Jun 24, 2014, 10:39 AM EDT
And that happened.
I read a lot of game stories. Like, a whole lot of them. Maybe a dozen a day sometimes. Reading the game stories and the box scores is most of what goes into HBT’s morning recaps. As such, I have a lot of thoughts and feelings about game stories, both as they currently stand as they historically stood.
As the name suggests, the game story can be the vehicle for good storytelling and excellent writing. The form evolved, however, back when games started at 1pm, lasted two hours max and the writer had several hours before deadline to turn the events of the game into something that, oftentimes, was wonderful and on occasion was even magical. That’s not really the case anymore.
These days games end at 10:30pm or later, newspaper deadlines — which, for some reason, are still a thing — come soon after that. Plus, the apparent obligation newspapers have to get postgame quotes from the players and managers — most of which are pretty banal and unenlightening — means that the game story has become a rushed and rote product in most writers’ hands. Not all of them, of course. There are still several excellent examples of deadline game stories every week, particularly from beat writers with a stature that allows them some latitude in style or who know the team they’re covering intimately. But the day-to-day game stories done by wire service writers and third string people just covering a game by happenstance are often ho-hum affairs.
The Associated Press is trying to change that. Mostly by taking the “story” part out of it:
Starting July 28, we’ll launch a new format that presents the game story in a faster, more accessible and more customizable package. Instead of a traditional 600-word game story, our coverage will feature 300 words about the game and then up to five bullet points that highlight mini storylines, injuries, key plays and what’s coming next for a team.
The change will make stories faster to read, faster to publish and more customizable for newsrooms. Unique content will be more easily highlighted and communicated. Editors can choose to use the 300-word story, or break off the bullet points for websites.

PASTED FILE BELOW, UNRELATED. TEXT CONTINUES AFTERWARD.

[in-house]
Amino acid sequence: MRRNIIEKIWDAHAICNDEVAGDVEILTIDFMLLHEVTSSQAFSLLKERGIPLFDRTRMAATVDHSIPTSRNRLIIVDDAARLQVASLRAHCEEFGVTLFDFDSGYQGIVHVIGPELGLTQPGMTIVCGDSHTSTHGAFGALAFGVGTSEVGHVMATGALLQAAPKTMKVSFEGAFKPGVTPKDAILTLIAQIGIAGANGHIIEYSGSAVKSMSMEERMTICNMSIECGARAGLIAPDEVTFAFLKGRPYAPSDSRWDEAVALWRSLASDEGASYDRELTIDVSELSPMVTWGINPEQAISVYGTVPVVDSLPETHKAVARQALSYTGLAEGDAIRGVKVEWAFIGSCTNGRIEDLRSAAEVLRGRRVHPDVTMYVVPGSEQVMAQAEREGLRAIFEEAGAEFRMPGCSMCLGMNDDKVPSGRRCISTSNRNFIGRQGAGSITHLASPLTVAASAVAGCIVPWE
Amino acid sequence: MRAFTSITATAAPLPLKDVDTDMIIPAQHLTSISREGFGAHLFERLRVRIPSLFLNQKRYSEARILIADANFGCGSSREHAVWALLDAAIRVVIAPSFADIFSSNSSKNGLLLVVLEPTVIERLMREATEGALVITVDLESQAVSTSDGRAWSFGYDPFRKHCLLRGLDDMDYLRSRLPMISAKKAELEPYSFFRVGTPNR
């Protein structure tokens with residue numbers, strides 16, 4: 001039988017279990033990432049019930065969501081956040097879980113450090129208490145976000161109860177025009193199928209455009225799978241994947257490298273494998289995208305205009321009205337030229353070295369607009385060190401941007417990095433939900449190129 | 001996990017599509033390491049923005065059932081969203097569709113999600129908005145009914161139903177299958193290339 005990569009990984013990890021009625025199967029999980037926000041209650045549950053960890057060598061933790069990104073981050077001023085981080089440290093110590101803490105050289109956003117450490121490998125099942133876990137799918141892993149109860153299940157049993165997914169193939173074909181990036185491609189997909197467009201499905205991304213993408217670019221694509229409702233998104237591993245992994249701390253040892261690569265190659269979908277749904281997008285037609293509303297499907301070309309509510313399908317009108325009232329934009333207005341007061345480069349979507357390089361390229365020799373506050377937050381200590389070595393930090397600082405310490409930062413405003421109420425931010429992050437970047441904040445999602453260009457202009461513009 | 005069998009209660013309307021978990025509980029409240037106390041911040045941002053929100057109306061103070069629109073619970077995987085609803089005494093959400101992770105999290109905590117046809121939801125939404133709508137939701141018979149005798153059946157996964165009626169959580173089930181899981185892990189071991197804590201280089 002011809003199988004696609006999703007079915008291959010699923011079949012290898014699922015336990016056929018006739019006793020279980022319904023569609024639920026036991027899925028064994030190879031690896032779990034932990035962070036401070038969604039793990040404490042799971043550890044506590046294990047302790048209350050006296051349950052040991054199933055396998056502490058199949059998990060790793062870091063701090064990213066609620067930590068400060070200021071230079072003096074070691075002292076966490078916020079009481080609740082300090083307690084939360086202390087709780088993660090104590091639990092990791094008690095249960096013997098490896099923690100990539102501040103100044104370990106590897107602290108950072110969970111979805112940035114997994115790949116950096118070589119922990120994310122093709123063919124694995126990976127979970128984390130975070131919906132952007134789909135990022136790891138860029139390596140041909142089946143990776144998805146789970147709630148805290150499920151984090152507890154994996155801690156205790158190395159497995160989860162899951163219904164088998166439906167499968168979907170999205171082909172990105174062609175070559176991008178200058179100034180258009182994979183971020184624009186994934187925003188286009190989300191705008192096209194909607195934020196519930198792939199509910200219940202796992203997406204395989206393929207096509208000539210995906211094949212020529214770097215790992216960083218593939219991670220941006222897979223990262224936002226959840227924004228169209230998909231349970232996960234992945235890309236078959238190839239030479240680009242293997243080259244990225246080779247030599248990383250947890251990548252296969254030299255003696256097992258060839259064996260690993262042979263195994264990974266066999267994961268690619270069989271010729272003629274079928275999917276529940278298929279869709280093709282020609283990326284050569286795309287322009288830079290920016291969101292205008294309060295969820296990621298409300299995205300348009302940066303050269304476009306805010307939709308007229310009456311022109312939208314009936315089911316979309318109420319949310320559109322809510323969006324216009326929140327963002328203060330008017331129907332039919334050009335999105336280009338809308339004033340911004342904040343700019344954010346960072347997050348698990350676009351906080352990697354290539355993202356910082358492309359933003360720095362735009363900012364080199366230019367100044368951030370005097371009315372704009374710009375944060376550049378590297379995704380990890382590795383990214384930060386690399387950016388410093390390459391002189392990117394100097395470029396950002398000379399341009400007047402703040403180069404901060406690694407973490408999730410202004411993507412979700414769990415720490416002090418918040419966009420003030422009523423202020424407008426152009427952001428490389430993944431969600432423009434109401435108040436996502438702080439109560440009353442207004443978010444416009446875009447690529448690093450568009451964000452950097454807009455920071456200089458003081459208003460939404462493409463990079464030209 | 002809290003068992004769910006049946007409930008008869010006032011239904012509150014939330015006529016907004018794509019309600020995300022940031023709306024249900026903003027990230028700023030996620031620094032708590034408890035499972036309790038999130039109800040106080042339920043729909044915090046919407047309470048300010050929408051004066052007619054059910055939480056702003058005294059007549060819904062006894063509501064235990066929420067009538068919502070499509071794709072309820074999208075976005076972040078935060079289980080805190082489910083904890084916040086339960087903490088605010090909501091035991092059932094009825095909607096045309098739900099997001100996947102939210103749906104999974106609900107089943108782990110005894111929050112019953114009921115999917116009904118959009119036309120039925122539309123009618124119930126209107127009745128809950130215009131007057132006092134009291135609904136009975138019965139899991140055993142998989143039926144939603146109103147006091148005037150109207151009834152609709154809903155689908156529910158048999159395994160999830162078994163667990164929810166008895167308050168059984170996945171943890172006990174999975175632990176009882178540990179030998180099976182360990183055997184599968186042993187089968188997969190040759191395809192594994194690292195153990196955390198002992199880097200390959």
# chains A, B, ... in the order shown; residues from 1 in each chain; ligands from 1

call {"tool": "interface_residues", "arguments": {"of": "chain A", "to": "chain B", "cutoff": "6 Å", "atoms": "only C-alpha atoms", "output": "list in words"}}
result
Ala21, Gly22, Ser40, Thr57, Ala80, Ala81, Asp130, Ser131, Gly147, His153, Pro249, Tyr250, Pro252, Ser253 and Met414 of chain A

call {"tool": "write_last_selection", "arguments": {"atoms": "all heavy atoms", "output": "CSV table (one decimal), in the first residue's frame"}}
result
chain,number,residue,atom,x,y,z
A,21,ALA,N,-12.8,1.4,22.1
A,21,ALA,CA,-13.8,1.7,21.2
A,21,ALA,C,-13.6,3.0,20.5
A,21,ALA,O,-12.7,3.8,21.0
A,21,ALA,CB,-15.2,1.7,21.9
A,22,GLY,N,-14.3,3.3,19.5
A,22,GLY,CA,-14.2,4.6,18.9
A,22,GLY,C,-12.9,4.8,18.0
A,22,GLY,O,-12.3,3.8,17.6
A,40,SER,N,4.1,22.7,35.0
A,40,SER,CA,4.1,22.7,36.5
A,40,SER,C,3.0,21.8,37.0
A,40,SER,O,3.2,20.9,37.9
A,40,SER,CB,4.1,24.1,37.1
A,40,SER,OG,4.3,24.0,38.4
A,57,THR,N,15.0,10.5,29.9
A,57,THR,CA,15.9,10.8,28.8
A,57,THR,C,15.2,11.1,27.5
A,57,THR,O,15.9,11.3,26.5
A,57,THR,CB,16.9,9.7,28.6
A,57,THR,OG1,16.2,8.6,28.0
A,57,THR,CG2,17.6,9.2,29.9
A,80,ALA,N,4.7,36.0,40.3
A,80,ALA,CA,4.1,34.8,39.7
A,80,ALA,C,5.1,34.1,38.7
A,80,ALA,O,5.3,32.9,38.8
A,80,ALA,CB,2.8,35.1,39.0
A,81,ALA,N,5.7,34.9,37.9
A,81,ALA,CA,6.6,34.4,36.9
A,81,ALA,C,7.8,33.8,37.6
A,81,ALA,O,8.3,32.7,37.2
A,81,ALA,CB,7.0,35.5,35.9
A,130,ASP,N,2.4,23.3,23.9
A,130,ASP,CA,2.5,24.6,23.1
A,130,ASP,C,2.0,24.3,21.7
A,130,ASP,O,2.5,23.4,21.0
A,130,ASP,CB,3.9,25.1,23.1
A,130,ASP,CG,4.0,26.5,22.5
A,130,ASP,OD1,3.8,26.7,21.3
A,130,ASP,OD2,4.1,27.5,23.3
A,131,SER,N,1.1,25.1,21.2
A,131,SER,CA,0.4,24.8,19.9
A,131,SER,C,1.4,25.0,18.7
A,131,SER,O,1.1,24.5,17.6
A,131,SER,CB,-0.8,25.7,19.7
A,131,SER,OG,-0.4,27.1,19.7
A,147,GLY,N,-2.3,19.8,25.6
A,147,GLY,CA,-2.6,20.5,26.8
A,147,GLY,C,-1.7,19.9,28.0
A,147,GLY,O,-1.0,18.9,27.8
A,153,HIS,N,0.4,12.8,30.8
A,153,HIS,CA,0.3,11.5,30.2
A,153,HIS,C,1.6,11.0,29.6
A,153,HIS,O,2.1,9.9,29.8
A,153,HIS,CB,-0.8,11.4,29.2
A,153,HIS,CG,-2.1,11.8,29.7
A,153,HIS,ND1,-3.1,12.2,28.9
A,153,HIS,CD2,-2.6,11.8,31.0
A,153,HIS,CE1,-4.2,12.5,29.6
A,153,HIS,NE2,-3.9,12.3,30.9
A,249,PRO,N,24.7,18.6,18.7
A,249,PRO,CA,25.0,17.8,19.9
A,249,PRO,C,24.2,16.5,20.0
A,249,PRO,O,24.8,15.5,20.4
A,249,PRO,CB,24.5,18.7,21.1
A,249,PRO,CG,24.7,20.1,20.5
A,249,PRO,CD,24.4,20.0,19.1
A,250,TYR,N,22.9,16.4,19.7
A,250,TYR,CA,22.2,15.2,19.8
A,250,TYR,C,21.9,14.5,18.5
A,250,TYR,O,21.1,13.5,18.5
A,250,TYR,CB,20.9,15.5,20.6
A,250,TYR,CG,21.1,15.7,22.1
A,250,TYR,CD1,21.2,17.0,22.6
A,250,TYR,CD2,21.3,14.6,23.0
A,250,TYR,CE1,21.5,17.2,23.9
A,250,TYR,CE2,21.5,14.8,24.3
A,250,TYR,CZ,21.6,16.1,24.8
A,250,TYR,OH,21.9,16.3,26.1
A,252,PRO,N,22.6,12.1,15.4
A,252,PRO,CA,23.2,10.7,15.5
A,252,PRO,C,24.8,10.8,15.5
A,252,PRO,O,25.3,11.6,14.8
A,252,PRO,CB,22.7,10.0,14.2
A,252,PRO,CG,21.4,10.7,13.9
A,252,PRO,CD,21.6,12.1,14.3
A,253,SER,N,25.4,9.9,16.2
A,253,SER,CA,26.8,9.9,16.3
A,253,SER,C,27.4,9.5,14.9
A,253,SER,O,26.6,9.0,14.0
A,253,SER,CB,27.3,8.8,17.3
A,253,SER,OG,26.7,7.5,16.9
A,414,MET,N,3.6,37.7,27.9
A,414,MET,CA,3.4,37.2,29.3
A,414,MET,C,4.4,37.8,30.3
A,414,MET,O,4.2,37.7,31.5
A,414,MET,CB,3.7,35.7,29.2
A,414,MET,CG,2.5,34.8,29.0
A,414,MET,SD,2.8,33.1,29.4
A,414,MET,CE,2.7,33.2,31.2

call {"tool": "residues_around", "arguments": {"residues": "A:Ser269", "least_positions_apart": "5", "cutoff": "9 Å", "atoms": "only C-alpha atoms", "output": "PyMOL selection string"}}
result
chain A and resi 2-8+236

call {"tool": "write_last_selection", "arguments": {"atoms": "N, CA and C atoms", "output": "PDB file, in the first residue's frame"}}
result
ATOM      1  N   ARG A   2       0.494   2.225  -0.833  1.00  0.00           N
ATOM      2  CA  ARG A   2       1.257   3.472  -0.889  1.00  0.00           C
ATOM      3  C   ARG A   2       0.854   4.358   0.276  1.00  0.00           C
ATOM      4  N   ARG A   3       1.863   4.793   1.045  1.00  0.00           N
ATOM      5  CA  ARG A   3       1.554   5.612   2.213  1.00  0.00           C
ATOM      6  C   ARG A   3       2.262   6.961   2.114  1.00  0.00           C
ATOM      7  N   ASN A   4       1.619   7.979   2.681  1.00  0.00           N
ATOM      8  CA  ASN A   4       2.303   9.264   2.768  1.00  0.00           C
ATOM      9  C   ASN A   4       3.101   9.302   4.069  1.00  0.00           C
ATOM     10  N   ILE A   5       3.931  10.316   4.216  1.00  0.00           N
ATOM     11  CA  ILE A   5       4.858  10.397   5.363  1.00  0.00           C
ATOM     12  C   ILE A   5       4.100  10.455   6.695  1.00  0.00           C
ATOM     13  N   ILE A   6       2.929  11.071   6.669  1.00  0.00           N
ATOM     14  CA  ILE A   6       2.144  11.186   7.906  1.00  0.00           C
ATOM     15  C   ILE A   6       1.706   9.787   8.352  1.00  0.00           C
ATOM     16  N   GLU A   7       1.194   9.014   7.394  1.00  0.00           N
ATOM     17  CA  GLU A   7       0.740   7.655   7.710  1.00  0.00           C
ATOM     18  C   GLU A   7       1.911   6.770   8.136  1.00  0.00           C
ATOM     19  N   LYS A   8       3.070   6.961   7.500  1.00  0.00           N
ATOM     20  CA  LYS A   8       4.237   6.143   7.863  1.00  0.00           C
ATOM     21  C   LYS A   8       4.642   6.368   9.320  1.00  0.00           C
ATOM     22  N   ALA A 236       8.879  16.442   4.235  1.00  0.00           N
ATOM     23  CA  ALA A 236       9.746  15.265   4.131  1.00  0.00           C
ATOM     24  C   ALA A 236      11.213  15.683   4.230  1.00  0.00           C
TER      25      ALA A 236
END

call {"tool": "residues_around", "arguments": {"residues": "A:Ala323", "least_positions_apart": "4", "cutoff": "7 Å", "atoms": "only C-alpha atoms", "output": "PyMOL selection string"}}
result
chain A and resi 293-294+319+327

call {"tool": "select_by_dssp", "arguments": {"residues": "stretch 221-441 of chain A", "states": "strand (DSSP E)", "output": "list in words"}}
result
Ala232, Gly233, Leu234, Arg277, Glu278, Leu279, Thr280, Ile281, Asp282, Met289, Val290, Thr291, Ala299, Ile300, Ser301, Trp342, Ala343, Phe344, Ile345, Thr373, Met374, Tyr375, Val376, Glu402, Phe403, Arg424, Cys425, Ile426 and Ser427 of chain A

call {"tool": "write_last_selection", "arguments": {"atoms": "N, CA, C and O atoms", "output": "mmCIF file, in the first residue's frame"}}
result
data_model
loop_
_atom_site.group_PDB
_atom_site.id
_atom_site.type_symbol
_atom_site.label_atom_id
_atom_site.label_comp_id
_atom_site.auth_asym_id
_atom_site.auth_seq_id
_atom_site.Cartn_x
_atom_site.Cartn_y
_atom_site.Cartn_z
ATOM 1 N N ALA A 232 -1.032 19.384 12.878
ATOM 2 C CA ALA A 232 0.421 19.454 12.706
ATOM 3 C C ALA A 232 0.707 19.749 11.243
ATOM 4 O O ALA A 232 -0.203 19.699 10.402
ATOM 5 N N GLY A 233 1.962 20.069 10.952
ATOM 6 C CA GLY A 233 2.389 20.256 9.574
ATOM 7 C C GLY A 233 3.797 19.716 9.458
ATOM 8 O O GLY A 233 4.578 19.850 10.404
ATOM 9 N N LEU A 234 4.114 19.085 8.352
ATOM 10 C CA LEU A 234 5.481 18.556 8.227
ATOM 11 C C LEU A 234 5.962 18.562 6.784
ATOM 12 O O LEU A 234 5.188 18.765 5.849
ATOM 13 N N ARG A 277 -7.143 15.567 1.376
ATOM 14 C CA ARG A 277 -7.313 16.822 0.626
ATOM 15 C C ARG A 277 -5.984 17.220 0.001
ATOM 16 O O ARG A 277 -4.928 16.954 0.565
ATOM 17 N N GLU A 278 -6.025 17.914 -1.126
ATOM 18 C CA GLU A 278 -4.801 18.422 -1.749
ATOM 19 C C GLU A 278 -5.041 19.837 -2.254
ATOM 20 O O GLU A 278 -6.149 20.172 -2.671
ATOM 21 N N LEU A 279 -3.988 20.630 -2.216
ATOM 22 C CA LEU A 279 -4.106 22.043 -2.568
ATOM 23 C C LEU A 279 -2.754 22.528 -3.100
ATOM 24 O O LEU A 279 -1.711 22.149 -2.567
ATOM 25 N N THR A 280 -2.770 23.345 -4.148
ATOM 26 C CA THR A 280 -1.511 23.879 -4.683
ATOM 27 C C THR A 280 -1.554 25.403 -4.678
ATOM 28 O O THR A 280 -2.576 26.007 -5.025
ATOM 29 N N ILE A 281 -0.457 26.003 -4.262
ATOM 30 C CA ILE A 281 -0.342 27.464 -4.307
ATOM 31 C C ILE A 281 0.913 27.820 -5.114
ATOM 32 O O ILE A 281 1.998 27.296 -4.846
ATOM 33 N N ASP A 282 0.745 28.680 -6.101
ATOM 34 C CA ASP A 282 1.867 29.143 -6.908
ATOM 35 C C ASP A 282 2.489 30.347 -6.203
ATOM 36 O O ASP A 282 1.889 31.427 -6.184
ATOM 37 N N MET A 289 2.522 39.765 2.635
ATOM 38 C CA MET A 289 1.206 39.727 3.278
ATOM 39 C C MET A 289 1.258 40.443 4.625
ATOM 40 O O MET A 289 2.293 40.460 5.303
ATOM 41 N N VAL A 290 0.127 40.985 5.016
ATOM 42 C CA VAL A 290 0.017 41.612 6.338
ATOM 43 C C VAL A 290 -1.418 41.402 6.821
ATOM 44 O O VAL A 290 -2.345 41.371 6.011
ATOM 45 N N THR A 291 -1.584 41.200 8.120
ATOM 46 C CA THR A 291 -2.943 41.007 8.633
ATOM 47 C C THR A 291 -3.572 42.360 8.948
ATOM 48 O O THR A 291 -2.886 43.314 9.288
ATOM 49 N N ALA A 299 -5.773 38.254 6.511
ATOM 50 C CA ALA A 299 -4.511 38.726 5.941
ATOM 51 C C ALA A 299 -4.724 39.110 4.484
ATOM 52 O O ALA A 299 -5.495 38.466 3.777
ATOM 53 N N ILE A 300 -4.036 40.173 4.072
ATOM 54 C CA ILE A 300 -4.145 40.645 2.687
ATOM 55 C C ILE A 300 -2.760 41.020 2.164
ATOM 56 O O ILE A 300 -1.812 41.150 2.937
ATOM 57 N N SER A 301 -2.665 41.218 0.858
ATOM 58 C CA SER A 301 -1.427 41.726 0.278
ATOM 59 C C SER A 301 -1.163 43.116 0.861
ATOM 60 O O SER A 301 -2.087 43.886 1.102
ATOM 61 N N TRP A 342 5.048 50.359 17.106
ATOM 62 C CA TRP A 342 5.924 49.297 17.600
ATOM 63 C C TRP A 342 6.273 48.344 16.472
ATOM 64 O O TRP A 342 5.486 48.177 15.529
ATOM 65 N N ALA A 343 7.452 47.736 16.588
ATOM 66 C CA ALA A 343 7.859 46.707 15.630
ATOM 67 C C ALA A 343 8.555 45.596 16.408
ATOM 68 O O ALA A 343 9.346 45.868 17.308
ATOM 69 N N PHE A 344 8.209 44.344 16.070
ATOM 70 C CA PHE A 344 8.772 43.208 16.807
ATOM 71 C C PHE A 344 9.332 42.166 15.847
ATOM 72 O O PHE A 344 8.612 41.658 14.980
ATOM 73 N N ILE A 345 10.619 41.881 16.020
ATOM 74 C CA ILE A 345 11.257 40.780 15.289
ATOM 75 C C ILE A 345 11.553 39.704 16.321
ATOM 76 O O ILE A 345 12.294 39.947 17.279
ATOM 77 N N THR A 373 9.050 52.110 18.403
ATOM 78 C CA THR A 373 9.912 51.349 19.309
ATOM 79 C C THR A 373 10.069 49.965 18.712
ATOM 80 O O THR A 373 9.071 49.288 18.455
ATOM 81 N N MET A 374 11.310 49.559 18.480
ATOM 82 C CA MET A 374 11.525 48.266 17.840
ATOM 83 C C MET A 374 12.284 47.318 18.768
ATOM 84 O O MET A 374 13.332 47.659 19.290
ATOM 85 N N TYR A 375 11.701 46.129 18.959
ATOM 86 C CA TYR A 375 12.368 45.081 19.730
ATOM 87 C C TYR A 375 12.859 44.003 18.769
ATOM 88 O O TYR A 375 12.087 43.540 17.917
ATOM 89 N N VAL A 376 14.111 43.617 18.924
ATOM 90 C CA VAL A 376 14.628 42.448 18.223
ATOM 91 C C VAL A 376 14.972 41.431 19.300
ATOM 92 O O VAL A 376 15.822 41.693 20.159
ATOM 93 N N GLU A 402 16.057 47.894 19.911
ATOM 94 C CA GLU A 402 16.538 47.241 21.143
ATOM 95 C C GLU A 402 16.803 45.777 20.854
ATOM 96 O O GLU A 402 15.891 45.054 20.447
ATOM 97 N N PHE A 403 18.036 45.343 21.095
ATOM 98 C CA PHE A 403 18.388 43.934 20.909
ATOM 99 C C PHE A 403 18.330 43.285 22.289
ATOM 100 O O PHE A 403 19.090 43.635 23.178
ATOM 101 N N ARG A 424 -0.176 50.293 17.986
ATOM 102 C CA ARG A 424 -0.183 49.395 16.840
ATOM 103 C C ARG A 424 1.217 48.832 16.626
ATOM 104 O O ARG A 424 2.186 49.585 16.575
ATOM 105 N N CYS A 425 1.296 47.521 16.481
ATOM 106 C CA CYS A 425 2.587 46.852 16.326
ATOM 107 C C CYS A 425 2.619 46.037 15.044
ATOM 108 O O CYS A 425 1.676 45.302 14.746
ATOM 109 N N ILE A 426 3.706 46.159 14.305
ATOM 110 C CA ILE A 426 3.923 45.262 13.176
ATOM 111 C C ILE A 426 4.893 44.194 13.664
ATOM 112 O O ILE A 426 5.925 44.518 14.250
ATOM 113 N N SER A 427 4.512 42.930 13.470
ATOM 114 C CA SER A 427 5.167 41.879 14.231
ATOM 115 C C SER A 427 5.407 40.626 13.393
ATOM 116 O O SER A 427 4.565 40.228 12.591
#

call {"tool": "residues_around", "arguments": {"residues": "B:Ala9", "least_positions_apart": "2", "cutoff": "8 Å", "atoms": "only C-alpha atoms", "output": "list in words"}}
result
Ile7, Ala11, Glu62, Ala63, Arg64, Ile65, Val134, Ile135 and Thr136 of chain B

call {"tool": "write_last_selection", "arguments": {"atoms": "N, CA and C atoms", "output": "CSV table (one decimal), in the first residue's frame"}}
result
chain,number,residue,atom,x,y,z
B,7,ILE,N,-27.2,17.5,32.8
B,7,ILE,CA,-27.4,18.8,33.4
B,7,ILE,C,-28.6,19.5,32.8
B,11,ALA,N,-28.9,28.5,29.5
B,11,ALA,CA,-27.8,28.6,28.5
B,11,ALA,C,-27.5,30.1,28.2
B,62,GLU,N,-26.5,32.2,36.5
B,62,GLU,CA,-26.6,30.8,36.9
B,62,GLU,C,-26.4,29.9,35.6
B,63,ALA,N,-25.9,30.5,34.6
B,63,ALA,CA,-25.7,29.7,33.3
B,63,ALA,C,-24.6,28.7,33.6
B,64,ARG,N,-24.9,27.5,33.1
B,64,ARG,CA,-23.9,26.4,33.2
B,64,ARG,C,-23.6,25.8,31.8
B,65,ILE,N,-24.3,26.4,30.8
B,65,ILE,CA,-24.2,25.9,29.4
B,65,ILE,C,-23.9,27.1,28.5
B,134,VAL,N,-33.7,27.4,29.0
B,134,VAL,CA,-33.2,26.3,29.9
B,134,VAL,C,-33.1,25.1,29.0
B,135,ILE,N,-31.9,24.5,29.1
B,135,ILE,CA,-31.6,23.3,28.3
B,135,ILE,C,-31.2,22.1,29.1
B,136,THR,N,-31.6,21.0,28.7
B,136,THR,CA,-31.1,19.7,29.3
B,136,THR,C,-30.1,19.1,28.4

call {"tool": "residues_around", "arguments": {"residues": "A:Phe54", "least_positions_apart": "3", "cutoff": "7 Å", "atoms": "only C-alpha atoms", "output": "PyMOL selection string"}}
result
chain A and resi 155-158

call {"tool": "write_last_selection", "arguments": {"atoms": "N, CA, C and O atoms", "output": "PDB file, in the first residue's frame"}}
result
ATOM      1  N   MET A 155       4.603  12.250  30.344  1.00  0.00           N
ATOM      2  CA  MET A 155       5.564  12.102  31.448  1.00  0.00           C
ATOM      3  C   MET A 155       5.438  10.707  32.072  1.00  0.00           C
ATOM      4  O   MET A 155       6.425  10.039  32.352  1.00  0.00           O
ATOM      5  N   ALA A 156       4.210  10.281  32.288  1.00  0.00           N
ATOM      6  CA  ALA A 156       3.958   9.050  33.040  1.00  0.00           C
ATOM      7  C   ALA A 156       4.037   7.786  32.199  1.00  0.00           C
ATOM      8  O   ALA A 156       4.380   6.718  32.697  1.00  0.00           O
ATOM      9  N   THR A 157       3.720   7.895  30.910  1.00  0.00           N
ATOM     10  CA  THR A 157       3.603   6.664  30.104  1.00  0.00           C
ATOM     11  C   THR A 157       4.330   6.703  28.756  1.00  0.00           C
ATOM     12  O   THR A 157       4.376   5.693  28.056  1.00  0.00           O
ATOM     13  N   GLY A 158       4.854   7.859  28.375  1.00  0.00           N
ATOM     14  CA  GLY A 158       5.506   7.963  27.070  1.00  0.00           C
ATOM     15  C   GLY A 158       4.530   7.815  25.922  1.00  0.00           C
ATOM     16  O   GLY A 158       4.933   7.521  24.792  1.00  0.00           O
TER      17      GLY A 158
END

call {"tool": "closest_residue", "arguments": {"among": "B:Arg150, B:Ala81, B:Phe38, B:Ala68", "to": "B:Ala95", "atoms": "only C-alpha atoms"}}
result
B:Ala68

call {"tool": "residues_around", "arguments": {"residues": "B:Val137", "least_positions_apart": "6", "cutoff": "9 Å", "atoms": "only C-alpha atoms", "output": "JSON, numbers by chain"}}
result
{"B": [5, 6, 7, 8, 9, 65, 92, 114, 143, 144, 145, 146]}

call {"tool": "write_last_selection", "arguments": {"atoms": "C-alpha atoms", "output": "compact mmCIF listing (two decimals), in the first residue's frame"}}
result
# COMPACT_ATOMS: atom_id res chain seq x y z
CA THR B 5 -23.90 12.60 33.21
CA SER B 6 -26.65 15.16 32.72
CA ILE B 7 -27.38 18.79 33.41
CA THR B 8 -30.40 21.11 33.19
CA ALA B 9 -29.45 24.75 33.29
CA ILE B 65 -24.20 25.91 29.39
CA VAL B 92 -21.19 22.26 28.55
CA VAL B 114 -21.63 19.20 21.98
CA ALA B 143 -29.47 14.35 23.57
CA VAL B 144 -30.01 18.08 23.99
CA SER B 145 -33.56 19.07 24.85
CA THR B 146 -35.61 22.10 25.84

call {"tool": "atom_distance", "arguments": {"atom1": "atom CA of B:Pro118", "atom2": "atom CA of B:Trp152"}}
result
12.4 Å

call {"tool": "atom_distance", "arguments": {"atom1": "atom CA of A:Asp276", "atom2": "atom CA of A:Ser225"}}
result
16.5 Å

I’m OK with this. It’s a more useful product for the AP, seeing as they are not really likely to go the route of telling colorful game stories that take a bit more time. Better to get to the darn point with some bullet points and a handful of key observations about what determined the game’s outcome. Like we talked about yesterday with columnists, you either need to be fast or you need to be deep, but you can’t be in between. AP gamers have been in between for some time.
- Settling the Score: Friday’s results 20
- Sandy Alderson is not going to “roll over” for Scott Boras and shut down Matt Harvey 67
- Dodgers are already fed up with 6.56 ERA-pitching, excuse-making Mat Latos 57
- And That Happened: Thursday’s scores and highlights 58
- Bryce Harper walks in all four of his plate appearances, scores four runs 24
- ESPN pulls Curt Schilling off broadcasts for rest of regular season and Wild Card game 147
- David Ortiz is more likely to be boned in Hall of Fame voting for being a DH than for PED stuff 145
- And That Happened: Wednesday’s scores and highlights 74
- ESPN pulls Curt Schilling off broadcasts for rest of regular season and Wild Card game (147)
- David Ortiz is more likely to be boned in Hall of Fame voting for being a DH than for PED stuff (145)
- Matt Williams puts up another strong performance in his quest to get himself fired (107)
- David Ortiz tweets his happiness about the Deflategate decision (101)
- Why Mike Mussina keeps getting hosed in the Hall of Fame voting (90)